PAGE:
In recent months, this sense of security almost came to a screeching halt. George, currently in Grade 6, is in a K-8 school that we love. The teachers are fabulous, the principal encourages open dialogue with parents, and the kids in special needs classes are treated with kindness and respect by their typically developing peers.

The only problem with the school is that it does not have a special education program for Grade 7 and 8, so we were facing the prospect of sending George to a program in a neighbouring school. When we went to visit the program last year, when George was finishing off Grade 5, we were not happy with what we saw. We just knew, with that instinct that parents have, that if George went into that program, we would start to see a regression within days.

And so we started the process of advocating for a better Grade 7/8 placement, not only for George, but for all of his classmates. Starting with the principal at his school, we escalated the issue, insisting on meetings with trustees, superintendents, and anyone else who might have any kind of influence in deciding my son’s future.

About seven months after our first meeting with the principal, we got word of the school board’s decision: George will not be going to the overcrowded, under-resourced program that we saw and hated. Instead, a special education Grade 7/8 program is being introduced in his current school. George and his classmates will stay in the environment that they know and love. They will continue to be a part of a student community that is caring and supportive, with a principal who has been firmly on our side all the way.

Advocacy can be difficult and frustrating. It can be time-consuming and, at times, heart-breaking. But when it results in a better future for many children who need other people to fight for them, it can be the most rewarding thing in the world.

Come back tomorrow for some tips on advocating for your children.

This is an original post by Kirsten Doyle. Photo credit to the author.

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The Pitfalls Of Competitive Parenting

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When an article entitled “5 Things You Should Never Say To A Stay-At-Home Mom” appeared in my Facebook feed a couple of days ago, I knew there was going to be trouble. The article itself was innocuous – a little unintentionally judgy, perhaps – but the comments section was a virtual bloodbath. Work-outside-the-home moms were claiming to be busier than stay-at-home moms. Stay-at-home-moms were claiming to be there for their kids more than work-outside-the-home moms. Each side was claiming, without actually saying it directly, to be better than the other side.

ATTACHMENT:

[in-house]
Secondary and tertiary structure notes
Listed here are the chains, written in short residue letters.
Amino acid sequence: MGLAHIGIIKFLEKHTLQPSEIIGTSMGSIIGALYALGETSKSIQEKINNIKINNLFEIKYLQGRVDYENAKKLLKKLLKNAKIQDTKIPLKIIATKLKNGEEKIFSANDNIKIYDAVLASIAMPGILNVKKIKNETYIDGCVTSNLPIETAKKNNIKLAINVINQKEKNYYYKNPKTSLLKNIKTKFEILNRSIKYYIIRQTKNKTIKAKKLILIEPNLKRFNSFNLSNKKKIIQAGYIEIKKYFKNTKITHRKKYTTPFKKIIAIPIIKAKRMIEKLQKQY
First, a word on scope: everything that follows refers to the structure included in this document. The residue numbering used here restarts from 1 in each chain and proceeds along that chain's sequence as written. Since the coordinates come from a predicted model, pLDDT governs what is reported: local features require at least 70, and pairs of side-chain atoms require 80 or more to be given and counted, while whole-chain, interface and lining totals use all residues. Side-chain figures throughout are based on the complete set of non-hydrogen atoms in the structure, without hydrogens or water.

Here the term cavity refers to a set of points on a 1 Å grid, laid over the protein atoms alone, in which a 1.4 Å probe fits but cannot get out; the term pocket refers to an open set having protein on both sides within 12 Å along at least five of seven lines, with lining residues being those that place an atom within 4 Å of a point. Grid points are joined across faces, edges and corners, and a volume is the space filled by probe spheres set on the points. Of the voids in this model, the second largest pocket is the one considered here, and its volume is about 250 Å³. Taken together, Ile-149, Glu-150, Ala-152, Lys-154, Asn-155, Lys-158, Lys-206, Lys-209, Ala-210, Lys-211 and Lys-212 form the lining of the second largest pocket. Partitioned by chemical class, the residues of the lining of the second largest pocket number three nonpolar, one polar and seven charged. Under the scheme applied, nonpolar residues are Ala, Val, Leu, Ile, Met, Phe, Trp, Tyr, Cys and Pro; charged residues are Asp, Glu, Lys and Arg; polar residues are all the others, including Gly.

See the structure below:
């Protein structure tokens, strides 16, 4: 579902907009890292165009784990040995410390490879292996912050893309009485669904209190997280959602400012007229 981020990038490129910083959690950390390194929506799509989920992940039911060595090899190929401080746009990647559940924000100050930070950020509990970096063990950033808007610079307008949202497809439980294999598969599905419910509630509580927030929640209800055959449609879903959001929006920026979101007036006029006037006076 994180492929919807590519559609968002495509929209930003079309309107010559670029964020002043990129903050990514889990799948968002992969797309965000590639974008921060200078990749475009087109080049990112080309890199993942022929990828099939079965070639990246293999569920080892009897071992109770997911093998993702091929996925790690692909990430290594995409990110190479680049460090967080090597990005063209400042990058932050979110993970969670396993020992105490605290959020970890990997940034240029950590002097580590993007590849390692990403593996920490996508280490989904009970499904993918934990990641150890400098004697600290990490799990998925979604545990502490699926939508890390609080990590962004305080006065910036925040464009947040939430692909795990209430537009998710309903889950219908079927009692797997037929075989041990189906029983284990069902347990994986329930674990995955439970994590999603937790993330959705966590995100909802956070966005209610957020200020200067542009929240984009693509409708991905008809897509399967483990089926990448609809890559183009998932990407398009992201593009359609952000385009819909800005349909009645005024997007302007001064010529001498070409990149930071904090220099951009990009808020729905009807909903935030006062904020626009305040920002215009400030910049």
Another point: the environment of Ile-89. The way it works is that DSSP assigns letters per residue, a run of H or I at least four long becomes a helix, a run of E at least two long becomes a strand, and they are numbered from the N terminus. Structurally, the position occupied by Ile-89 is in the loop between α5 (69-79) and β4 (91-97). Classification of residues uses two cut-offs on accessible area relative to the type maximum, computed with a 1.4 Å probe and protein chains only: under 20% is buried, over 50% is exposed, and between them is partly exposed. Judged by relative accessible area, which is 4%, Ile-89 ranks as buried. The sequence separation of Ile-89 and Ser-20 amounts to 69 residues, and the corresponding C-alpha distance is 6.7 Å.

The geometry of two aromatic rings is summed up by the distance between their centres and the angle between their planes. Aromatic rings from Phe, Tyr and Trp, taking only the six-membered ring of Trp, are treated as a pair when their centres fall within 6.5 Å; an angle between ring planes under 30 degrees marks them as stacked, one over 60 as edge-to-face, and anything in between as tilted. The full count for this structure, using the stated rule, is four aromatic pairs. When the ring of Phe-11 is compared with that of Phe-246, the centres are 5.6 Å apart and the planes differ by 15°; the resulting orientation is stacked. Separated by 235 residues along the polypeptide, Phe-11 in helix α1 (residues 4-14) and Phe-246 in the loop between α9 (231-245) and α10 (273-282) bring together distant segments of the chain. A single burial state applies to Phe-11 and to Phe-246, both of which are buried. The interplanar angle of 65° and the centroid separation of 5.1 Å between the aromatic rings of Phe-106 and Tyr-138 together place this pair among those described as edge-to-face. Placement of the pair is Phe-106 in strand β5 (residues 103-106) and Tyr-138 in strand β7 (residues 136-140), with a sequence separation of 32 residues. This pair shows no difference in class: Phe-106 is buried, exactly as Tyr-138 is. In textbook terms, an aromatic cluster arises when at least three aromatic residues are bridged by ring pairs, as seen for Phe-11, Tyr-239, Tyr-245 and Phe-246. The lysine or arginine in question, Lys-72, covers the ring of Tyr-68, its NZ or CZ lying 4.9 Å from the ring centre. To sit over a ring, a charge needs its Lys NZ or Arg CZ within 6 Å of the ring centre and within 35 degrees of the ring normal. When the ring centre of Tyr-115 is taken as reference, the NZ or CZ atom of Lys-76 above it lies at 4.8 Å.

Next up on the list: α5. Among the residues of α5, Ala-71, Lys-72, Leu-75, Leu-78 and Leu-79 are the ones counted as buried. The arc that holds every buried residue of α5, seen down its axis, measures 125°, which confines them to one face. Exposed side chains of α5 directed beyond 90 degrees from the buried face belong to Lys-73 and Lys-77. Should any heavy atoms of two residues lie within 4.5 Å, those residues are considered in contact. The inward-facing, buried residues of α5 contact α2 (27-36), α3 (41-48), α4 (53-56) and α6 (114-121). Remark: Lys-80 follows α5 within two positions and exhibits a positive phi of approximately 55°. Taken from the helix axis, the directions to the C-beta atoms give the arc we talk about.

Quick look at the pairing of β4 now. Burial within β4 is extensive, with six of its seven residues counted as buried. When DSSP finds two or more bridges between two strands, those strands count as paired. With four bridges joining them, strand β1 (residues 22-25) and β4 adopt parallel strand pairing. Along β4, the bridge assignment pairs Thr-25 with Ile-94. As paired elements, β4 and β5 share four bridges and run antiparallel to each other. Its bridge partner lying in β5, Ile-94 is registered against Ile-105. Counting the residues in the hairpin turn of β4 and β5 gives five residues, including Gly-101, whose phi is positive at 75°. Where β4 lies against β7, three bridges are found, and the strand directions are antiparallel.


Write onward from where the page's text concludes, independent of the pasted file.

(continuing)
As I was reading this, I was thinking about what a shame it is that there even are sides. What happened to the days when parents were just parents? At what point did moms and dads become so insecure that they started resorting to competitive parenting? There seems to be a constant game of one-upmanship in which people talk about the sacrifices they have made and the difficulties they have endured in order to be the Perfect Parents.

Here are some of the problems I see with today’s trend of competitive parenting:

It smacks of judgment, and that’s just not right. Unless you are beating, starving, neglecting or otherwise abusing your kids, you’re doing fine. Stay-at-home moms are not better than work-outside-the-home moms. Work-outside-the-home moms are not better than stay at home moms. You’re not a better or worse parent just because you give your kids boxed mac-and-cheese, or limit their screen time, or give up on arguing with them over a chore and just do it yourself. We are all parents, and we all do the best we can with the circumstances we find ourselves in.

It ignores the fact that everyone’s situation is unique. We humans love to categorize and compare things. Stay-at-home moms vs. work-outside-the-home moms. Breastfeeding moms vs. formula feeding moms. Free-range parents vs. helicopter parents. The trouble with classifying everything is that it leads to division, and it assumes that everyone in the same “group” is the same. Some stay-at-home moms love spending all of their time with their kids, and others yearn for the workplace. Some formula feeding moms would really love to breastfeed, and some breastfeeding moms really don’t enjoy it. Even within the same family, things can be different. I can free-range parent my younger son, but my older son, who has autism, requires a much more hands-on approach.